Mantle plumes are thought to be narrow streams of hot rock rising through Earth's mantle and spreading out like a mushroom cap under the crust. The buoyancy of the material, some of it molten, causes the crust to bulge upward. The theory of mantle plumes was proposed in the 1970s to explain geothermal activity that occurs far from the boundary of a tectonic plate, such as Hawaii and Yellowstone.
The discovery may help explain why the ice sheet collapsed rapidly in an earlier era of rapid climate change, and why it is so unstable today. Antarctica's bedrock is laced with rivers and lakes, the largest of which is the size of Lake Erie. Many lakes fill and drain rapidly, forcing the ice surface thousands of feet above them to rise and fall by as much as 20 feet (6 meters). The motion allows scientists to estimate where and how much water must exist at the base.
Depiction of flowing water under the Antarctic ice sheet. Blue dots indicate lakes, lines show rivers. Marie Byrd Land is part of the bulging "elbow" leading to the Antarctic Peninsula, left center. Credit: NSF/Zina Deretsky
The Marie Byrd Land mantle plume formed 50 to 110 million years ago, long before the West Antarctic ice sheet came into existence. At the end of the last ice age around 11,000 years ago, the ice sheet went through a period of rapid, sustained ice loss when changes in global weather patterns and rising sea levels pushed warm water closer to the ice sheet -- just as is happening today. Such a volcano explains this rapid loss.
To get answers when no direct measurements exist, researchers used the Ice Sheet System Model (ISSM), a numerical depiction of the physics of ice sheets developed by scientists at JPL and the University of California, Irvine. The team enhanced the ISSM to capture natural sources of heating and heat transport from freezing, melting and liquid water; friction; and other processes. To help calibrate their model was realistic, the scientists drew on observations of changes in the altitude of the ice sheet surface made by NASA's IceSat satellite and airborne Operation IceBridge campaign. Since the location and size of the possible mantle plume were unknown, they tested a full range of what was physically possible for multiple parameters, producing dozens of different simulations.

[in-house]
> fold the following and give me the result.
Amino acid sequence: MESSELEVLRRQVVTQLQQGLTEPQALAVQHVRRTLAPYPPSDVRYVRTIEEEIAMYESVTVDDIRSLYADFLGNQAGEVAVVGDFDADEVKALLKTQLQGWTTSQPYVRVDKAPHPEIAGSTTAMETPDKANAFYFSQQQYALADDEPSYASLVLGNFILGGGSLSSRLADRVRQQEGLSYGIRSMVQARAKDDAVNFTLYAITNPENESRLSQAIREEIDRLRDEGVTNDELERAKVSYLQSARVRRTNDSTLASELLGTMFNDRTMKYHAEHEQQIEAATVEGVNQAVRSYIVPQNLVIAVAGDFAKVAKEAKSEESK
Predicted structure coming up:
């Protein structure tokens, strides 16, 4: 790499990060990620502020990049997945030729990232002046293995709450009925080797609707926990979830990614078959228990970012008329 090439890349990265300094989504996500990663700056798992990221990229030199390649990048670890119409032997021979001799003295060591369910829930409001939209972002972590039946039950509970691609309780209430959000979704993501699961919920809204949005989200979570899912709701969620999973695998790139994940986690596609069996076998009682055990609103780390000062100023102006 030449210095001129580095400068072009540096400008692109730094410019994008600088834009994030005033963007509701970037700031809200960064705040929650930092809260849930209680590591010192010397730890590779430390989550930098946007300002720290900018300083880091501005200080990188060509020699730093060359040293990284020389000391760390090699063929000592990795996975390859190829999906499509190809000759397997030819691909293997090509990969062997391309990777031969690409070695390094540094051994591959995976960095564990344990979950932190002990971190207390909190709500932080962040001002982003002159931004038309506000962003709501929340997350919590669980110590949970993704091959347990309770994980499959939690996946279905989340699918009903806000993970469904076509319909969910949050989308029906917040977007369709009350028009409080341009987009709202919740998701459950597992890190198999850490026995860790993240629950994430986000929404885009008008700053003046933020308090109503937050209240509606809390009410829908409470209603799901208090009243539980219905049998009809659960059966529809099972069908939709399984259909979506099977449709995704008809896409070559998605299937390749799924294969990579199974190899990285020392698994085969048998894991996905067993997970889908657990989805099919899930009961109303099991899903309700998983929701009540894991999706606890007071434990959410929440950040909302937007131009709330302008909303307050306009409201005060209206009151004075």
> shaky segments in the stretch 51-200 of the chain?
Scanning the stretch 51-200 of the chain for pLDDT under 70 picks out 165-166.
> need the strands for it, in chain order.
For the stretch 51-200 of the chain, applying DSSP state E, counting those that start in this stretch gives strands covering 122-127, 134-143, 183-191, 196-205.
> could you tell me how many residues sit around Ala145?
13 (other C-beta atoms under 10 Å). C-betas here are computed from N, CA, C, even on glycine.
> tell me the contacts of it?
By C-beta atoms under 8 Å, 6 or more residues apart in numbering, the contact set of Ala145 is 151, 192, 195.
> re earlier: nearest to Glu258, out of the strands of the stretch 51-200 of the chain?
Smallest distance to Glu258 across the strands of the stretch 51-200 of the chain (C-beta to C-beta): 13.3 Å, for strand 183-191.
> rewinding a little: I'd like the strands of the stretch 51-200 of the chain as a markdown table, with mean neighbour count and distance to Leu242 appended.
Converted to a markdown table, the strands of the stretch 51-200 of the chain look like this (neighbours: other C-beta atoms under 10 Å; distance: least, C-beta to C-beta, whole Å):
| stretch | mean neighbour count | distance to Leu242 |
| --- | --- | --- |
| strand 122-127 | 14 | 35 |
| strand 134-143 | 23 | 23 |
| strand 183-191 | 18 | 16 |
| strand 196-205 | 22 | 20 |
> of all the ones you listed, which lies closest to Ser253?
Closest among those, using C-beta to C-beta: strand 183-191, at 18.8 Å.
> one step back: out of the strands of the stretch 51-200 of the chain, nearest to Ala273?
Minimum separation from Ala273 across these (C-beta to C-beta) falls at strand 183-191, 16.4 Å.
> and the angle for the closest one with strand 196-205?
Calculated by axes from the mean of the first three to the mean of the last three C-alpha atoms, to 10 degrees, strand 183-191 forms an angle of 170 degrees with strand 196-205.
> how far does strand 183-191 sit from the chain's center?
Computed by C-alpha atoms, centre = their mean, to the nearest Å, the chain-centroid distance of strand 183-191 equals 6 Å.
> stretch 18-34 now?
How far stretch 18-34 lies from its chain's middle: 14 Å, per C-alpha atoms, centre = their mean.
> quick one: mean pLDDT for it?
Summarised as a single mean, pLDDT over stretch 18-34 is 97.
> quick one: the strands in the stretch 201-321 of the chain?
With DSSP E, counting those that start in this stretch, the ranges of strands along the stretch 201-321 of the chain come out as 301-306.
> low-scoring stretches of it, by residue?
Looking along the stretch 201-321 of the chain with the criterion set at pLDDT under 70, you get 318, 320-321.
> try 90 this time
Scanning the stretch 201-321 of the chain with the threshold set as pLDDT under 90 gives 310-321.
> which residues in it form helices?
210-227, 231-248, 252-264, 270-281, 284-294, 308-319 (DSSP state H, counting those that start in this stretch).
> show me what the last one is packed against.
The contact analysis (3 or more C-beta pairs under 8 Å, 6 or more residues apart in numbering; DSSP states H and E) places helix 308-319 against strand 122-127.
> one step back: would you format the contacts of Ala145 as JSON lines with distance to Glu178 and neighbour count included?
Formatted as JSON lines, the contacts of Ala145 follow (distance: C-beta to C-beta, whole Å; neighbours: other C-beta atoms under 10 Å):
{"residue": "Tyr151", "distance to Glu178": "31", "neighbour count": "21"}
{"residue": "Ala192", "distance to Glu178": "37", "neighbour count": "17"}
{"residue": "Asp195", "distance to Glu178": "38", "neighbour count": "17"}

They found that the flux of energy from the mantle plume must be no more than 150 milliwatts per square meter. For comparison, in U.S. regions with no volcanic activity, the heat flux from Earth's mantle is 40 to 60 milliwatts. Under Yellowstone National Park -- a well-known geothermal hot spot -- the heat from below is about 200 milliwatts per square meter averaged over the entire park, though individual geothermal features such as geysers are much hotter.
Simulations using a heat flow higher than 150 milliwatts per square meter showed too much melting to be compatible with the space-based data, except in one location: an area inland of the Ross Sea known for intense flows of water. This region required a heat flow of at least 150-180 milliwatts per square meter to agree with the observations. However, seismic imaging has shown that mantle heat in this region may reach the ice sheet through a rift, that is, a fracture in Earth's crust such as appears in Africa's Great Rift Valley.